Well, there's no standard definition of "low carb" so I suppose if someone ate 125g of carbs daily (which is realistic in phase 1) instead of the DRI of 130g, someone might consider it a "low carb" menu. But usually that is not what people mean when they say "low carb." Usually they're talking about diets that are strictly limit carbs, which is not what SBD does. For example, the American Academy of Family Physicians defines a low-carb diet as one that restricts daily carbs to between 20 and 60g: http://www.aafp.org/afp/2006/0601/p1942.html
SBD, even in phase 1, is far above that. So calling it "low carb" might be confusing to people who are thinking of some other meaning.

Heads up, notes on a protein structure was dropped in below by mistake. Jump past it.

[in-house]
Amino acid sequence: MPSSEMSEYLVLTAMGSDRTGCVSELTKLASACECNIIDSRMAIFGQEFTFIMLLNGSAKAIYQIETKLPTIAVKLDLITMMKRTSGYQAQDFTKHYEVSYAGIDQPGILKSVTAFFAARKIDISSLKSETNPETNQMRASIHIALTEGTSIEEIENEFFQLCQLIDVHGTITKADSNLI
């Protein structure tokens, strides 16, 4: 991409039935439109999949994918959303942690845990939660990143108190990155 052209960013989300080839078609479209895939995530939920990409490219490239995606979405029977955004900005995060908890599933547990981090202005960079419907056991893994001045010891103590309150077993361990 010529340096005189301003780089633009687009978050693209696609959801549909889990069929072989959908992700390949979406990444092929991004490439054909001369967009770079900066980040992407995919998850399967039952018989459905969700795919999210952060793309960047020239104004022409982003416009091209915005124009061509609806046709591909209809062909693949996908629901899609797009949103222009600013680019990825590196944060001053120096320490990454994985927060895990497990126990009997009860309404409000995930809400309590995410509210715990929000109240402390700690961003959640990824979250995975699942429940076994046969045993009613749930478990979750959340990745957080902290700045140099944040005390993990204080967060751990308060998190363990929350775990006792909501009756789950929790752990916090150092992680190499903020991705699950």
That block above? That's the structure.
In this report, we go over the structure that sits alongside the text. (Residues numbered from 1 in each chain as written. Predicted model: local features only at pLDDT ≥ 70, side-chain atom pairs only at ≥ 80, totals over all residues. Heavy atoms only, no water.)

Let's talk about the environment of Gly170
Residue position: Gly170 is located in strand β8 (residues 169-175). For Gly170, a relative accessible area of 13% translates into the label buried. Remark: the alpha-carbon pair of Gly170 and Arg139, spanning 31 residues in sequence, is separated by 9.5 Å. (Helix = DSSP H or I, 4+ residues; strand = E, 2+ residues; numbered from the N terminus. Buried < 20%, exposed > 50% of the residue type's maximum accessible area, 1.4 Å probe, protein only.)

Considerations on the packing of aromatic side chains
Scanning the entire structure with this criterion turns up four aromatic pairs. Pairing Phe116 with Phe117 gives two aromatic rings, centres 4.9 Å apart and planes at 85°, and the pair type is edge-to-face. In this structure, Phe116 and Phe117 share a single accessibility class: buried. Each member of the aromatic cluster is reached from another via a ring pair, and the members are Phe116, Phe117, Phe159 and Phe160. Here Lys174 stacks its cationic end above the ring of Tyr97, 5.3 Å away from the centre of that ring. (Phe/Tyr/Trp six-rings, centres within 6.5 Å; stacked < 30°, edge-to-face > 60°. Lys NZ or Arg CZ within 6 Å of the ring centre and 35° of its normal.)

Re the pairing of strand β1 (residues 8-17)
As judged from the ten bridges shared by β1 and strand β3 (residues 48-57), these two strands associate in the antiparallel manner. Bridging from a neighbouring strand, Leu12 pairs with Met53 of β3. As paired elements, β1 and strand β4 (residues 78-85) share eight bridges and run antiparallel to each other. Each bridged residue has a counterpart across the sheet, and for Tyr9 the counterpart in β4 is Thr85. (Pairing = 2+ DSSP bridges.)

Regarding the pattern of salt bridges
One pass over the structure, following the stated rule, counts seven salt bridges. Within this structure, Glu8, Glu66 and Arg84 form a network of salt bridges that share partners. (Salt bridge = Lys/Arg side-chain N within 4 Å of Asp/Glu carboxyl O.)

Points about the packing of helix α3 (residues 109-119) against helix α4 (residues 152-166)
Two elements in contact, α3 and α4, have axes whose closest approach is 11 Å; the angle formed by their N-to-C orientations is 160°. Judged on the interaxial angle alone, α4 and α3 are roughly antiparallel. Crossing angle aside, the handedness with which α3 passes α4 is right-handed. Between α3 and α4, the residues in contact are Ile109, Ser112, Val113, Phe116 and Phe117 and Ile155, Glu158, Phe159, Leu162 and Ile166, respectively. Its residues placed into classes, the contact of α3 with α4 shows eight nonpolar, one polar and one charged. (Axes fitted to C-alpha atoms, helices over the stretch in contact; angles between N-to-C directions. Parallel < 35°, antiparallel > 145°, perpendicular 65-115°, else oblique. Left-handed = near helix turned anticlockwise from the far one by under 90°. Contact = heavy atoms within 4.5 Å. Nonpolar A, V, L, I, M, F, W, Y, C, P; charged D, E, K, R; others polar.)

Here's a sample of a partial phase 1 daily menu, with carb counts:
2 servings of pinto beans for 45g of carbs
2 cups of nonfat milk for 25g of carbs
1 cup of chopped onions for 10g of carbs
1 cup of tomatoes for 8g of carbs
1/2 cup of sugar snap peas for 6g of carbs
1/2 cup of red bell peppers for 5g of carbs
2 tablespoons of natural peanut butter for 6g of carbs
1 tablespoon of agave nectar (for sweetening), 16g of carbs
Not counting any carbs that might be added from cheese or other protein foods, condiments, etc. this is right at 130g of carbs. It's possible for people to eat fewer carbs, and some people mistakenly do (by skipping the recommended legumes and dairy, not eating enough vegetables, etc.) But if you follow the recommendations given in the meal-planning template and FAQ, you'd probably be eating a pretty good amount of carbs, quite a bit more than on the diets that are billed as low-carb.
The reason I am taking the trouble to point this out is that people may see "low carb" and assume SBD is one of the high-protein, low-carb diets that have been popular in recent years (like Atkins) - which it's not.